This country is in the grips of hysteria and mob mentality the likes of which I have never seen.

Political "discourse" has always been filled with overblown rhetoric. In 2012, vice presidential candidate Paul Ryan was accused of wanting "to push Granny off a cliff." Republicans have routinely been accused of wanting poor people and black children to starve. It was inflammatory, but it was hyperbole, and (nearly) everyone knew it was hyperbole.

Now, however, these kinds of statements are being widely asserted as facts, justifying violence and deprivation of rights.

This week, Markos Moulitsas (of "Daily Kos" fame) tweeted, "The NRA and American conservatives/Nazis are one and the same." Someone on my Facebook feed wrote, "Beating up Nazis isn't alt-left; it's being a f—-ing American."

So all conservatives are Nazis, and should be beaten up?

It's bad enough when the targets of these hyperventilated accusations are people running for political office. But we've crossed a perilous line when friends and family turn on each other.

This week, someone I've known 30 years and never had a single disagreement with accused me on Facebook of not speaking out to "denounce" Nazis and white supremacists after Charlottesville.

I was stunned and furious. Let's see: I had been traveling and away from my family for the previous eight days and had come home to two kids starting school, an injured dog, a cat with diarrhea and God-only-knows how much laundry to do. But gosh, let me get right onto Facebook and virtue-signal a position (which should be OBVIOUS) on current events at the risk of being labeled a racist or Nazi sympathizer if I don't.

In the end, I just blocked him. I don't need mob hostility in my life.

But it's not the mobs we should fear; it's the puppet masters behind them.

There are those working behind the scenes to whip up these frenzies and exploit them. Terrified, angry people are easily turned into weapons.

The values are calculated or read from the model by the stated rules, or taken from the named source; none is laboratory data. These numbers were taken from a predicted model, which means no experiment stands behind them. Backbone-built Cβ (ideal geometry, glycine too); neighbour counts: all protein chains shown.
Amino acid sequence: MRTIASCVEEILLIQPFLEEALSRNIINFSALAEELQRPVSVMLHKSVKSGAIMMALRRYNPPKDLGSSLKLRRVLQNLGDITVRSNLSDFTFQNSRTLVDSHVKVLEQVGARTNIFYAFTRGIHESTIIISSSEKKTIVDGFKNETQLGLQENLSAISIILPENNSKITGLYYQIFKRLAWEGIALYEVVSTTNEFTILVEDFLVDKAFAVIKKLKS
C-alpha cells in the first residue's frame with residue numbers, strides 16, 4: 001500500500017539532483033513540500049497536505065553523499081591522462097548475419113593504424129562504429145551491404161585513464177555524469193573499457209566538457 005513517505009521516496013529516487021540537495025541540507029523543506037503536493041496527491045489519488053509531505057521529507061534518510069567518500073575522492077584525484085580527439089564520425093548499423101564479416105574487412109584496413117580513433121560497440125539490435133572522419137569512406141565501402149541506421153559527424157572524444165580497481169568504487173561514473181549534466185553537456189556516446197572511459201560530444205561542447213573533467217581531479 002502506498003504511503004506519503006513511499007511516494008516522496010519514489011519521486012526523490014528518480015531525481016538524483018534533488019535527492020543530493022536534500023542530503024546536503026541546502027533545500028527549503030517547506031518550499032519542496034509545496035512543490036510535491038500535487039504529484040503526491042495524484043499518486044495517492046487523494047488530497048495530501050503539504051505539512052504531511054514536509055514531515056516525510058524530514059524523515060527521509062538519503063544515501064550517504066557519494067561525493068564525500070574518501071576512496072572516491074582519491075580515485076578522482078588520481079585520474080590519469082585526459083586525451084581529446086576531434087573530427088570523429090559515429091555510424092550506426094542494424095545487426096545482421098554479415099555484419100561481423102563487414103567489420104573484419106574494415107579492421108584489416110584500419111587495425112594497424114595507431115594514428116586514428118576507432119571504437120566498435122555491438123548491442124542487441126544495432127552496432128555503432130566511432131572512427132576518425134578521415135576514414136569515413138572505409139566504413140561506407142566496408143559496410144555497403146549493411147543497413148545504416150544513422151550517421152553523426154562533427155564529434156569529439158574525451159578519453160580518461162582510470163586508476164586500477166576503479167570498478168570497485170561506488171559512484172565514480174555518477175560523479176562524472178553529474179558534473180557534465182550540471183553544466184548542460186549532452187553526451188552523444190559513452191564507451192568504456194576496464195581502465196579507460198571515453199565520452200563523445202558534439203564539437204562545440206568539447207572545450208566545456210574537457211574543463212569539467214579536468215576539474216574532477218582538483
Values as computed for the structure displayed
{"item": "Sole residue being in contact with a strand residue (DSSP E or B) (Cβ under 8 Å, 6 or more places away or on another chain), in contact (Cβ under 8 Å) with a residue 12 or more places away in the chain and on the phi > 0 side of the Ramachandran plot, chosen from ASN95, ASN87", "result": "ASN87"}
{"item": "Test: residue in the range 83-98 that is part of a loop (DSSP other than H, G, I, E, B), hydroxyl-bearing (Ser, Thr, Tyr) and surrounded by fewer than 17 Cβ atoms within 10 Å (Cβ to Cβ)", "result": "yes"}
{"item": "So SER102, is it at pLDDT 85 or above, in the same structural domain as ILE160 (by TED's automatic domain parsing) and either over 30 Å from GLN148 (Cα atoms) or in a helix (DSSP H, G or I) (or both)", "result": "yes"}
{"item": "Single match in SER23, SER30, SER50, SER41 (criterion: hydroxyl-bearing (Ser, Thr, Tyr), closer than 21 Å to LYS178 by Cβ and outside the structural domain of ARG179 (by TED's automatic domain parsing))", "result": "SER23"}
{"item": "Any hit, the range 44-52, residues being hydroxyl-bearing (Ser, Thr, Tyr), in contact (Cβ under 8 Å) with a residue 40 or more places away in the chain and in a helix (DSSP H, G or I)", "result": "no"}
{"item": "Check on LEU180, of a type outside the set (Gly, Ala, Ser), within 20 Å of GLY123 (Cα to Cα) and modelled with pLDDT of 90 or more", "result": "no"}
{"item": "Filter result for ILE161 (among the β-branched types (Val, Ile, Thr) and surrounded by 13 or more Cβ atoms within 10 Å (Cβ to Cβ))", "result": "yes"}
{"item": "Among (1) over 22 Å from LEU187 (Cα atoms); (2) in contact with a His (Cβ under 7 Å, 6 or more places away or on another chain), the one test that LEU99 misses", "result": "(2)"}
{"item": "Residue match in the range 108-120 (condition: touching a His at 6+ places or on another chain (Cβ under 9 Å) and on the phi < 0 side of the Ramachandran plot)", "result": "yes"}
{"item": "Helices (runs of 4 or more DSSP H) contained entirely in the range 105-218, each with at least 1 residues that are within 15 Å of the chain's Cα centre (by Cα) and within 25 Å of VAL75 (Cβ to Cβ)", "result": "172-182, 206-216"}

This isn't about white supremacists or Confederate monuments. Once the current targets are removed or destroyed, the definitions will expand, the targets will change. It will be time to desecrate graves and remove memorials to other historical figures.

More seriously, the integrity of our political processes is at risk.

The real beef with President Donald Trump isn't "collusion" with Russia or tolerance of racists; those are just pretexts to get the rabble roused. Trump wasn't supposed to win. The failure of Americans last November to do as they were told does not sit well in some circles and must be corrected.

If the puppet masters are successful in taking out a duly elected president, they will be empowered to go further.

People are clamoring for some stability and sense. What should unite us is a renewed commitment to the Founders' greatest gift: the Constitution. The principles articulated therein provide far more protection than politicians or personalities.

The Constitution protects freedom of speech, even when the speakers hold nasty ideas with which most of us disagree.

It protects peaceful assembly and protests.

It protects the exercise of religious belief.

It protects the right of law-abiding citizens to be armed.

It protects our right to privacy and to own property without fear of government seizure.

I believe all human beings are created equal, and I will defend their right to life, liberty and the pursuit of happiness. I will defend our system of government, the right to participate in it, the enforcement of properly enacted laws and the use of lawful procedures to change them.

So for those wondering what "side" I stand on, there's your answer.

Laura Hollis is a University of Notre Dame business and law professor. Her column is distributed by Creators Syndicate. The opinions are the writer’s.

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